Letter from Richard Caswell to Cornelius Harnett
Caswell, Richard, 1729-1789
Volume 11, Pages 602-604
GOV. CASWELL TO HON. C. HARNETT.
[From Executive Letter Book.]
New Bern, 2d September, 1777.
I had the pleasure of receiving your favor of the 11th August last
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night. I congratulate you on your recovery of the small-pox; your having it so favorably was in a great measure owing to the regular regimen you observed, I am told, on your journey—I imagine. I was really very anxious about the money you mentioned, but was happily relieved from that anxiety about three weeks ago, when Mr. Allen delivered it safe to me in Dobbs. I immediately dispatched expresses to the Treasurers, who came up and received it. The warrants I had granted the recruiting officers are taken up, and the Troops paid off to the first instant, and those at Halifax ordered to march the same day, I mean yesterday. The Artillery Company is ordered to Kingston to join Col. Sheppard's Battalion, which is assembling with the utmost expedition, about 400 Rank and File, who will march with the Artillery Company to join the grand army in a few days. I thank you for the intelligence you give me of our affairs. They appear not to be in quite so good a state as I could wish them, but hope Gen. Gates' arrival there, with the great numbers of militia which we are told are flocking in, will change the face of things.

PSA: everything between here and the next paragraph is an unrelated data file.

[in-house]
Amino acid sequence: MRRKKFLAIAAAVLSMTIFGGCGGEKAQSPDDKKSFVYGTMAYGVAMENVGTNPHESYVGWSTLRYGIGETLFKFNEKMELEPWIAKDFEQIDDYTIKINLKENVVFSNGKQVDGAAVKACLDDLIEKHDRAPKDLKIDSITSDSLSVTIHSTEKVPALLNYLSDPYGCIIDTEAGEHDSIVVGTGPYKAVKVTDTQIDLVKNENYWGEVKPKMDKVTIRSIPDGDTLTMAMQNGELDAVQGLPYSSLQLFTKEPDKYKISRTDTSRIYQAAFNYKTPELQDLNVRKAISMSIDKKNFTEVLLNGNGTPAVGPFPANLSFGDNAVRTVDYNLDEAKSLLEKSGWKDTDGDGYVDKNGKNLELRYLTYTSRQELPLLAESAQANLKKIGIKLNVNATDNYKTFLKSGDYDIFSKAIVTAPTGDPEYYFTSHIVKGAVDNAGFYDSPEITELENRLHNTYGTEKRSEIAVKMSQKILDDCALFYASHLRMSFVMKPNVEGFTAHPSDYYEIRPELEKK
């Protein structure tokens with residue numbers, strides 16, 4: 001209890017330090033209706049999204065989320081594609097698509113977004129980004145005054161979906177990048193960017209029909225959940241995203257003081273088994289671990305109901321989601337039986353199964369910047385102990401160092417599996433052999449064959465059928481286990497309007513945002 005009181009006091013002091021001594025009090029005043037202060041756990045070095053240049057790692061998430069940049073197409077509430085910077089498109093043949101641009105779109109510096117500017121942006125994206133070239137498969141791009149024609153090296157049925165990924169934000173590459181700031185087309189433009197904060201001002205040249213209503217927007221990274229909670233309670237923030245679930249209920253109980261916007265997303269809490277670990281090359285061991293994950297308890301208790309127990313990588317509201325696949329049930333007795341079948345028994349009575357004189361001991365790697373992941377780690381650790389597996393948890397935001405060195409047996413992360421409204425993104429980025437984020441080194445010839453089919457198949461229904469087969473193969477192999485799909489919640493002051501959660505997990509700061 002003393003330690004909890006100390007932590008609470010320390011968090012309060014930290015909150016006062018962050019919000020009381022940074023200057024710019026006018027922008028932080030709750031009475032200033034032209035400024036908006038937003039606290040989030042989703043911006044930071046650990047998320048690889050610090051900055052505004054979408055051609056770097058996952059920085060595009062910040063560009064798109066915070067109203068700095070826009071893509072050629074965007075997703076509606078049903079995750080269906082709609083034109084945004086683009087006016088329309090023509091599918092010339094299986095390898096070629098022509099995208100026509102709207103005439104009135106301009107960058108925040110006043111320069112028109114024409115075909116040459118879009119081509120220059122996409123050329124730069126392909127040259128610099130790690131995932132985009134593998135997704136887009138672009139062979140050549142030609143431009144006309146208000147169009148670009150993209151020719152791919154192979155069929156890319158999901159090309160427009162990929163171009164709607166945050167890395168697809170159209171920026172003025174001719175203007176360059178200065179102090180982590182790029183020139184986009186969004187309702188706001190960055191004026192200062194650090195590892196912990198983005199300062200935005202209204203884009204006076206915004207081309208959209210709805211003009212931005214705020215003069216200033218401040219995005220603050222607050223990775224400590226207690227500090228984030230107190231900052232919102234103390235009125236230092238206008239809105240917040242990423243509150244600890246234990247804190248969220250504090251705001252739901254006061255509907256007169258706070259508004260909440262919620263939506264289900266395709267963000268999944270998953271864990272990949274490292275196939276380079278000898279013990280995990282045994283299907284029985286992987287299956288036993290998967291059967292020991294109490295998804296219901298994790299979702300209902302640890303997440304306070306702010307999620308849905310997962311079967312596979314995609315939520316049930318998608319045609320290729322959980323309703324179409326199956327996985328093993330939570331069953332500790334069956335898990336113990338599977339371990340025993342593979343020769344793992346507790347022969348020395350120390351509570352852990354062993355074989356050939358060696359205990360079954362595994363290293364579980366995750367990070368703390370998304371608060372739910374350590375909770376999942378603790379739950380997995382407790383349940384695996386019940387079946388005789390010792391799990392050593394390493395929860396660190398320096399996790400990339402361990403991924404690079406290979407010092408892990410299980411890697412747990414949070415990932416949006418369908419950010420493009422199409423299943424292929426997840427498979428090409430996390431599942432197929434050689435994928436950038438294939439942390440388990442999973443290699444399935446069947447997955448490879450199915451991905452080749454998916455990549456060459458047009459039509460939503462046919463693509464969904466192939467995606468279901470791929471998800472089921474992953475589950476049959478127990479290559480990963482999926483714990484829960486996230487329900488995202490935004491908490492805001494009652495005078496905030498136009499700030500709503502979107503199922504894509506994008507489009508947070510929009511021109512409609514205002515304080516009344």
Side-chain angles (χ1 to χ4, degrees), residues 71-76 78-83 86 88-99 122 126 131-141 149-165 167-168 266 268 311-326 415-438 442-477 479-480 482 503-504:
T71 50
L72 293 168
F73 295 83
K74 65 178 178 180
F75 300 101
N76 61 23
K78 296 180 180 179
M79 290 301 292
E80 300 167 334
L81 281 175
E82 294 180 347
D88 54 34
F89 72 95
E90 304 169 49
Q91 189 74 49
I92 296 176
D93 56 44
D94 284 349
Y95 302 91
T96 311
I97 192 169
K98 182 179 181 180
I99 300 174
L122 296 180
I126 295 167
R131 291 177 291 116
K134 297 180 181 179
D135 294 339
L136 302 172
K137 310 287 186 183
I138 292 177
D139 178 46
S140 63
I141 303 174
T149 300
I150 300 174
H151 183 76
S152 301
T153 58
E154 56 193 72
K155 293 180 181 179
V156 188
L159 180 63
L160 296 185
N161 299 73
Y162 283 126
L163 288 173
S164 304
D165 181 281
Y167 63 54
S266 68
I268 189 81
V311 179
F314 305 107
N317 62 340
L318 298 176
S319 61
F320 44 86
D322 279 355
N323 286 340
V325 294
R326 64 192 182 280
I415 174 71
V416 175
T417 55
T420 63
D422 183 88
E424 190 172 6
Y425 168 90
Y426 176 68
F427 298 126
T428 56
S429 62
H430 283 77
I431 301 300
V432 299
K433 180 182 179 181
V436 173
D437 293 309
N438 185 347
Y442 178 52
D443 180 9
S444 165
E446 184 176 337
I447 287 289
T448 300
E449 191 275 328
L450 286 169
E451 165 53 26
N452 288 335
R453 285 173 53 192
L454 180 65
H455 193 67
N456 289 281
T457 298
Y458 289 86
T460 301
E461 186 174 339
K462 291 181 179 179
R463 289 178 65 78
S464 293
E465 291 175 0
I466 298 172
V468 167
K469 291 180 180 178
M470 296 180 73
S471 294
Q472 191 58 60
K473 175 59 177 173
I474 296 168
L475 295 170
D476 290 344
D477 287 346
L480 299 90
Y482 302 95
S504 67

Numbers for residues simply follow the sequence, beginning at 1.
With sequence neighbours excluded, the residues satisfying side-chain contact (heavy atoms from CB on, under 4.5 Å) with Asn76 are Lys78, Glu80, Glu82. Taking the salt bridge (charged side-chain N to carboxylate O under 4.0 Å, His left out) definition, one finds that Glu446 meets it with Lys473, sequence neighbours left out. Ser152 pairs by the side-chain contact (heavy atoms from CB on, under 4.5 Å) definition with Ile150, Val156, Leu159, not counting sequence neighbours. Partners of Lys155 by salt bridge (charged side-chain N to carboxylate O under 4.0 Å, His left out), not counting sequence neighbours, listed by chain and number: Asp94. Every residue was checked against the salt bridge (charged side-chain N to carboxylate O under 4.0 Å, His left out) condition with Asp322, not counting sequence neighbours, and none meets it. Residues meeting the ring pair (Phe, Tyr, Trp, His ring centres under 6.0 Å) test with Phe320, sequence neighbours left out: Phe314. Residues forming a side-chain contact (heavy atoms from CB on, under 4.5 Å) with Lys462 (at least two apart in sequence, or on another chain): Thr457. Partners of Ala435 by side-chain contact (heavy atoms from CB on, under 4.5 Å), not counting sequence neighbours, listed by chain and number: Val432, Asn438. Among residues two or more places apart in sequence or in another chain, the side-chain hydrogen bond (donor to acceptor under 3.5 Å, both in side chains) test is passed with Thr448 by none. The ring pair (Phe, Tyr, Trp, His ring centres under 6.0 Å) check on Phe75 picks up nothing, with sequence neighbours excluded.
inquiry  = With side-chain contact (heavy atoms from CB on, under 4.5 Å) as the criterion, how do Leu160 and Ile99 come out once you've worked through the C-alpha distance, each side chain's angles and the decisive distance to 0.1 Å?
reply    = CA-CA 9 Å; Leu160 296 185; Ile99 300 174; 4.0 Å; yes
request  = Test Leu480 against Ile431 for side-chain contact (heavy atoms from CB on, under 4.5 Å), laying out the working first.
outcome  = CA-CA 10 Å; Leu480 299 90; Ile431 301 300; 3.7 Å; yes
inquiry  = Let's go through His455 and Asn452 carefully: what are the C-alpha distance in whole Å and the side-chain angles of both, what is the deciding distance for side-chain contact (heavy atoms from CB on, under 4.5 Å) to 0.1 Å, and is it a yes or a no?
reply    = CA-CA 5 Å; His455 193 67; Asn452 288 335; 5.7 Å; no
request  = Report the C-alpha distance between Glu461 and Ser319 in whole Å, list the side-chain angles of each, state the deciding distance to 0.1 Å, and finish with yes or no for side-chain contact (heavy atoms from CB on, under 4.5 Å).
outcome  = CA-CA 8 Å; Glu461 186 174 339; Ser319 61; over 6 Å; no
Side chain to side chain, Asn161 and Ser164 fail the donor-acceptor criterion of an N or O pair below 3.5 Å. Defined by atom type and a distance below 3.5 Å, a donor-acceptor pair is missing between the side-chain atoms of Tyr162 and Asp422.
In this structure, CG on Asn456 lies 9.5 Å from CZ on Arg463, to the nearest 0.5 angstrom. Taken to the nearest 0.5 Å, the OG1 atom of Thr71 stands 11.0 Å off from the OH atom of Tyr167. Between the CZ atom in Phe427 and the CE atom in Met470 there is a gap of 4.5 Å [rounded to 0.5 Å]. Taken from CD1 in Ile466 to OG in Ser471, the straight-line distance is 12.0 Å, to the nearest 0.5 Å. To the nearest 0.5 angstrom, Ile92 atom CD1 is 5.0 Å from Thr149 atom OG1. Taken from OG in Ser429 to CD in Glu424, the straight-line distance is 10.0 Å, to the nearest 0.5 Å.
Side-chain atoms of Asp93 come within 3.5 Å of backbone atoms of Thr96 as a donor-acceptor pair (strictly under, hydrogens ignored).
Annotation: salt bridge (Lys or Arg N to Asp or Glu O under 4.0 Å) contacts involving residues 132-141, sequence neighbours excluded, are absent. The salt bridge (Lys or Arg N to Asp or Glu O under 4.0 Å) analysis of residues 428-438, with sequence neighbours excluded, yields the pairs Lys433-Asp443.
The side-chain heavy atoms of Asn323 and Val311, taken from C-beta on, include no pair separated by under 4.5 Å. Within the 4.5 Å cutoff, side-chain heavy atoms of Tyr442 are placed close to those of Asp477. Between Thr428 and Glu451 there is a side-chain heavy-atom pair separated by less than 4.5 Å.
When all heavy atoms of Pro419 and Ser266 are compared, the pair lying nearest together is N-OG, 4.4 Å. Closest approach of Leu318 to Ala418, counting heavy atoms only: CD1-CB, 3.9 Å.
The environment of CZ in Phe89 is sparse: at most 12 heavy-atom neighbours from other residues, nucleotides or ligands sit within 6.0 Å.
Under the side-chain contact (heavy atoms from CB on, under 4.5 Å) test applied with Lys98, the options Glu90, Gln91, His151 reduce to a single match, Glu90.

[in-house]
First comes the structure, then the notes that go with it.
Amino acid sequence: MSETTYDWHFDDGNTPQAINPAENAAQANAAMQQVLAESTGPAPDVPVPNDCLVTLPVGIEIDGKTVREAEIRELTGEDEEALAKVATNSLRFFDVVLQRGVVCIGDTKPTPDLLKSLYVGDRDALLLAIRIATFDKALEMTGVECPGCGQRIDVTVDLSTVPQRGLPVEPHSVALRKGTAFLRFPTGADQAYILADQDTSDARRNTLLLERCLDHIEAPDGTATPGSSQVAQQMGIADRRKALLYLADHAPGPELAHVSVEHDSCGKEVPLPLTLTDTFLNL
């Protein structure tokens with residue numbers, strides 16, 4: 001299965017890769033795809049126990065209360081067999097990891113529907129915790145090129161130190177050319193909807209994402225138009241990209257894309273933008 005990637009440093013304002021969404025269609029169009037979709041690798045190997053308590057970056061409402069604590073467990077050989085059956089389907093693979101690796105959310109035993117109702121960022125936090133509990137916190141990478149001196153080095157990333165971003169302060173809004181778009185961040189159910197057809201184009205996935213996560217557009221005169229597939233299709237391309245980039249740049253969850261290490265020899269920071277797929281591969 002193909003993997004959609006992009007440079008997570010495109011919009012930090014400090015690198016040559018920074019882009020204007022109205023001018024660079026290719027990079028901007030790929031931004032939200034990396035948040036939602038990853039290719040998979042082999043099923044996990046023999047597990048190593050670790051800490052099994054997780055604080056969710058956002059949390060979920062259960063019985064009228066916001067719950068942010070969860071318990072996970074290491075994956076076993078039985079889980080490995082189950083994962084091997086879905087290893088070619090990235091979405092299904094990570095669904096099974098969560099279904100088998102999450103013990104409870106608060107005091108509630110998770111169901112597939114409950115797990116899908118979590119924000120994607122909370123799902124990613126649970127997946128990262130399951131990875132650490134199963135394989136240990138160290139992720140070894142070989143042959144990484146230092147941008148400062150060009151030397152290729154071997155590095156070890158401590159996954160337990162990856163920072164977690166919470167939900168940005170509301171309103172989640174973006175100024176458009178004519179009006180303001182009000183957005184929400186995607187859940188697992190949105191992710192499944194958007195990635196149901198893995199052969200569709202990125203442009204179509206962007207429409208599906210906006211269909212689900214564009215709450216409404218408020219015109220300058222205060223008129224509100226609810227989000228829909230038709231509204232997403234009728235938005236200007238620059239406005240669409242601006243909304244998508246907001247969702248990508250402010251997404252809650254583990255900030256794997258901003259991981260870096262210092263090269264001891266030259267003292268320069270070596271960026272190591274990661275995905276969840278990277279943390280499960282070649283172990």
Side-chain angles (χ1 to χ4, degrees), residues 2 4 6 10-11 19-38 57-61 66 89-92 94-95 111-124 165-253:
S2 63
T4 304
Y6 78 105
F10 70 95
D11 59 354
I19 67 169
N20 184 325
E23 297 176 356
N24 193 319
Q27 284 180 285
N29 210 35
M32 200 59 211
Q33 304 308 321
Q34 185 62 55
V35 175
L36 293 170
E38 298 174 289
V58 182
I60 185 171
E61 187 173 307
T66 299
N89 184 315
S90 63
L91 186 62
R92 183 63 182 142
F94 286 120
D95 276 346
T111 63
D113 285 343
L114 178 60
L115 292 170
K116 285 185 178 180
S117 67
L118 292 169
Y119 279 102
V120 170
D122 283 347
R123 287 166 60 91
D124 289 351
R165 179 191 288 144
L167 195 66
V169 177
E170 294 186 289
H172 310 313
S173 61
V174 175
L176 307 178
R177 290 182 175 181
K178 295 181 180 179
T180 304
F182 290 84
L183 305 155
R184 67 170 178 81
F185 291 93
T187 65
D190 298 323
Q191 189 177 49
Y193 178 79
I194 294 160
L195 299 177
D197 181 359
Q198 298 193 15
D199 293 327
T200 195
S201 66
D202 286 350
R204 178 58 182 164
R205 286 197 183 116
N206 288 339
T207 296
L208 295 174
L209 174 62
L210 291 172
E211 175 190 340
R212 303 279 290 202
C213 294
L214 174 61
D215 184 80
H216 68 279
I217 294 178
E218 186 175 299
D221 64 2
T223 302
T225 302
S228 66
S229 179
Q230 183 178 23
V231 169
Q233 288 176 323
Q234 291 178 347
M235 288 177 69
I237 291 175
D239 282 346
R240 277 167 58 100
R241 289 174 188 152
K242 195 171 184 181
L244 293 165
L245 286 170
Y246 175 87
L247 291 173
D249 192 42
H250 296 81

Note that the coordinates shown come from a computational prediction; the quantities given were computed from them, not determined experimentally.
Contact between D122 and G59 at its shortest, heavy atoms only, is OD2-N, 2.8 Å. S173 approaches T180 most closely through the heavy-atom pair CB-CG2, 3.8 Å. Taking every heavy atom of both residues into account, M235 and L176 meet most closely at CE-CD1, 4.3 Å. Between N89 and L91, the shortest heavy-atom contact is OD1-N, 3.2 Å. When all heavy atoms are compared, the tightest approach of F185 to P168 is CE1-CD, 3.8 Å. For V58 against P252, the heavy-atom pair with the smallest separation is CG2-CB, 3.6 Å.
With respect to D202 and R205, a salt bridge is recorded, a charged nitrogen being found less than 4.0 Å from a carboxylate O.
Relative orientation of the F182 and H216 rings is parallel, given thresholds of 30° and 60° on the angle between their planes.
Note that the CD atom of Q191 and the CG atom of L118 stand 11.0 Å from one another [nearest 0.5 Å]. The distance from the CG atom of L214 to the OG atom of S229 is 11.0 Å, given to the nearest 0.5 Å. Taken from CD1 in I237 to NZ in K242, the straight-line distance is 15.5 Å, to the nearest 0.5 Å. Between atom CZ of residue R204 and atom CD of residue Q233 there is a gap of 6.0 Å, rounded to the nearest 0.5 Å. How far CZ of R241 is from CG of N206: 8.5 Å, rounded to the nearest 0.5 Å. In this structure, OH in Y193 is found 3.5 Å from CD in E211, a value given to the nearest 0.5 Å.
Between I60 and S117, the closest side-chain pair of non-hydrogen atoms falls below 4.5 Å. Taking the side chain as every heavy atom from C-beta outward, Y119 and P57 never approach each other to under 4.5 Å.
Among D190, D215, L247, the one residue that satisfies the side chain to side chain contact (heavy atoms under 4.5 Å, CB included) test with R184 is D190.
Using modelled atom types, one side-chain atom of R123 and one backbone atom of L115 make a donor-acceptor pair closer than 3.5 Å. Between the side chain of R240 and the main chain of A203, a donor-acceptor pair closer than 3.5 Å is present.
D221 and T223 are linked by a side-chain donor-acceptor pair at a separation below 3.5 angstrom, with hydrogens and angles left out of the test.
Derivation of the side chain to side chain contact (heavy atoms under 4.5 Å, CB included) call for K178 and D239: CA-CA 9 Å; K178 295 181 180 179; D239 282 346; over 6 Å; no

I rejoice to hear the No. Carolina Troops are in high spirits whenever they are led to action: I hope and believe they will acquit themselves like brave men. I am greatly obliged to you for inquiring after Capt. Caswell, and giving me an account of his health. Give me leave to request you will be pleased to enquire frequently into his conduct, and give him such advice and assistance as you could wish to be given by your friend to a son circumstanced as he is, and so far distant from his parent. I hope he will gratefully receive either from you in a becoming manner. Dr. Burke I shall be glad to see whilst he shall happen to be in this State. I imagine he will have left Philadelphia before this reaches you, I shall therefore omit writing to him this post; his stay here, I persuade myself, will be but short. The Council is to meet here this day; some of the members are here; to that board I will do myself the pleasure of delivering your compliments. We have been alarmed with the rising of Tories, and forming of conspiracies: the former among the Highlanders & Regulators and in the County in which you had the honor to draw your first breath, and in Bertie and Martin. The Militia in some places was called on to quell the first, but the Insurgents only proceeded to Cross-Creek, under a pretence of getting salt, which they were supplied with,
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and finding the country alarmed and ready to treat them as they deserved, desisted from proceeding any further. The other Gentry, many of them have been apprehended and committed to gaol, in order to take their trials in the Courts of Oyer. Among them is Mr. Brimage, who attempted to escape, got as far as Ocacock, where he was apprehended, carried up to Edenton, and committed to a poisonous and noisome dungeon, as he calls it, in a letter to me. He asks my interference with the Justices to admit him to bail, which I did not think proper to meddle in.
We have heard of the arrival of upwards of 200 of the enemy's fleet in Chesapeak. Our Militia, on that account, is held in readiness, that is the first and second Divisions, to march at the shortest notice to the assistance of Virginia, and I have had intimation from the Governor that, if certain incidents happen, he shall expect our friendly aid of men &c.
I shall be extremely glad to hear from you, at such times as you can conveniently spare a few minutes to communicate anything you may be pleased to wish me to know.
I am Dr Sir Yours &c.,